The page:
Article Abstract

Remodeling of the aortic root—a 28-year journey

Karen B. Abeln, Tristan Ehrlich, Lennart Froede, Christian Giebels, Hans-Joachim Schäfers


Background: Root remodeling is one form of valve-preserving root replacement for aortic regurgitation and root aneurysm. The objective of this review was to summarize our experience with root remodeling encompassing 28 years.
Methods: We performed root remodeling in 1,189 patients (76% male, mean age 53±14 years) between October 1995 and September 2022. The original valve morphology was unicuspid in 33 (2%), bicuspid in 472 (40%) and tricuspid in 684 (58%) patients. Fifty-four patients (5%) had Marfan’s syndrome. Objective measurement of valve configuration was performed in 804 (77%) and an external suture annuloplasty was added in 524 patients (44%). Cusp repair was performed in 1,047 (88%) patients, most commonly for prolapse (n=972; 82%). Mean follow-up was 6.7±5.5 years [1 month to 28 years]. Follow-up was 95% complete (7,700 patient-years).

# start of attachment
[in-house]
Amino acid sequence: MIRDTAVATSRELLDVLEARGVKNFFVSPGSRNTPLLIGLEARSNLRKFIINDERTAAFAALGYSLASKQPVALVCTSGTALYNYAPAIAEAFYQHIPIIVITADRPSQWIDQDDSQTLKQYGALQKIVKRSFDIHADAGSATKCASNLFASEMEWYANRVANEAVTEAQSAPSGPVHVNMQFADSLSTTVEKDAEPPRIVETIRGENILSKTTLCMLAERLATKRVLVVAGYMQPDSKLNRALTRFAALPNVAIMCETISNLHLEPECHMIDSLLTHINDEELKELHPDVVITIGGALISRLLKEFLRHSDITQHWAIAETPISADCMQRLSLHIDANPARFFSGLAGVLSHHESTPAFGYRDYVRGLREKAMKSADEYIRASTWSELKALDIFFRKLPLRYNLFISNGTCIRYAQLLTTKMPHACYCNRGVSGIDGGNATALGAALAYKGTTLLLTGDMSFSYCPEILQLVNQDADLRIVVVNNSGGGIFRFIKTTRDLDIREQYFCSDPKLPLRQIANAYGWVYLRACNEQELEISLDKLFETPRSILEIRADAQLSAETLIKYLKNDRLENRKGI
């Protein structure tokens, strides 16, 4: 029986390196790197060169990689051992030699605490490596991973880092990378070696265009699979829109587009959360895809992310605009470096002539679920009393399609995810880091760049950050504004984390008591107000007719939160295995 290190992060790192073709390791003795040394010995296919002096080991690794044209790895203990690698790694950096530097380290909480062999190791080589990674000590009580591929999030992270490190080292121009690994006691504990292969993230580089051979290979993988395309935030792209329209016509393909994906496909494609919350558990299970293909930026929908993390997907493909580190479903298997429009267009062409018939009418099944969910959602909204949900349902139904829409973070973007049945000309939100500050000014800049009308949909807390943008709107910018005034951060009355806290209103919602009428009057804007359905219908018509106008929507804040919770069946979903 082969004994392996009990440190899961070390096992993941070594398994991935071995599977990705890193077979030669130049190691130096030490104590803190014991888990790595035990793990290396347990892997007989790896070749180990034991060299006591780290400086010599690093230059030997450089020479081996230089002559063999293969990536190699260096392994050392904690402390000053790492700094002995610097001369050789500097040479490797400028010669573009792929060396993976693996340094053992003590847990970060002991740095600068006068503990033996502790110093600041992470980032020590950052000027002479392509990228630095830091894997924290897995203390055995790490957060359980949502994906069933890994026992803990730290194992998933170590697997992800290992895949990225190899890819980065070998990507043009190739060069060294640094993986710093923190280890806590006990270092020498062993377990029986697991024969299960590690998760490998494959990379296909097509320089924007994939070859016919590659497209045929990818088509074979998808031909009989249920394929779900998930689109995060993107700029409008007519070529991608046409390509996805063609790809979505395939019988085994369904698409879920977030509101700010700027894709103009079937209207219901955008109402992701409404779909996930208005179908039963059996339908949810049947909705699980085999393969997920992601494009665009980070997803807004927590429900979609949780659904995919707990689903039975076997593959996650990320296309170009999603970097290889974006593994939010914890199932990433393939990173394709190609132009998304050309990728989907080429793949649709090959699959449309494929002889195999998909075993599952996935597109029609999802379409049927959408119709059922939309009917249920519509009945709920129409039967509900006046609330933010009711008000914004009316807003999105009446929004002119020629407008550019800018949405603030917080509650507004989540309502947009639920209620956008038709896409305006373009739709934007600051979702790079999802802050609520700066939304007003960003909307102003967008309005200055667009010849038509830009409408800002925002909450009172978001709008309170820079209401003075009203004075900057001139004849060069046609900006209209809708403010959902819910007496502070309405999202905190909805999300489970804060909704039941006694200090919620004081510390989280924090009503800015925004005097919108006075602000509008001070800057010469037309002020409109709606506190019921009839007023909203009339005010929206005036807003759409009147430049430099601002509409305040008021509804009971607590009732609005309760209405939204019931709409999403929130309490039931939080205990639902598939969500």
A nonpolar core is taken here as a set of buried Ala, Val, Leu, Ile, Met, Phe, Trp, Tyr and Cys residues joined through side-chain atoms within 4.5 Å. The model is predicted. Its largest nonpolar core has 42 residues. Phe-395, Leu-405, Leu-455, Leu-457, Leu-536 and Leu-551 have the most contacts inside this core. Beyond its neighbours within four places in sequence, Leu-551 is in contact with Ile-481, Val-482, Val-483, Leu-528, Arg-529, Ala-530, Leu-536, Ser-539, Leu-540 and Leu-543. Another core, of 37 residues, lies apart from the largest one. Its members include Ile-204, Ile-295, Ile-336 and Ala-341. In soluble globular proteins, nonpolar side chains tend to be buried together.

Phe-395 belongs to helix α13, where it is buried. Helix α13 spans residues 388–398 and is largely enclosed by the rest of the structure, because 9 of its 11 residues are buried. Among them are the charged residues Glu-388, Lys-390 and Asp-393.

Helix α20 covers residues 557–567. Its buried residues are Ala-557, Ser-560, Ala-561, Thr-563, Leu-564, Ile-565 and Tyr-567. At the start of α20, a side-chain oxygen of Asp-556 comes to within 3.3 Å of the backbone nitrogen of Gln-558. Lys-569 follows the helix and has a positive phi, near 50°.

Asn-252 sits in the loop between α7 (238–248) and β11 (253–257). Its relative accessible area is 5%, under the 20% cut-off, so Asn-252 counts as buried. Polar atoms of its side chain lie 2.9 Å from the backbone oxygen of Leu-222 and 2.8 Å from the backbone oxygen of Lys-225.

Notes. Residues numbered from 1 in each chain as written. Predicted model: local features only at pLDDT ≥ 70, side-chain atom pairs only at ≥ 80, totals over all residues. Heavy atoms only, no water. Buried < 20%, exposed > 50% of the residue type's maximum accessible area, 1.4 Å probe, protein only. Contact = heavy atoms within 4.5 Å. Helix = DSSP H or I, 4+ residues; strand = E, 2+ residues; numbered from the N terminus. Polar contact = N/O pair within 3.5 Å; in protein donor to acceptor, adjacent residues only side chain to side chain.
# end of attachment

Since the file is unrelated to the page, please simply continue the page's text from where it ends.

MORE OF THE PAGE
Results: Survival was 71% at 20 years; freedom from cardiac death was 80%. Freedom from aortic regurgitation ≥2 was 77% at 15 years. Freedom from reoperation was 89% and was higher in tricuspid aortic valves (94%) compared to bicuspid (84%) and unicuspid valves (P<0.001). Since the introduction of effective height measurement, freedom from reoperation has remained stable at 15 years (91%). With the addition of a suture annuloplasty, freedom from reoperation was 94% at 12 years. The difference with or without annuloplasty (91%) was not significant (P=0.949).
Conclusions: Root remodeling is a viable option in valve-preserving root replacement. Concomitant cusp prolapse is frequent and can be corrected reproducibly by intraoperative measurement of effective height. The long-term benefit of an annuloplasty still needs to be defined.


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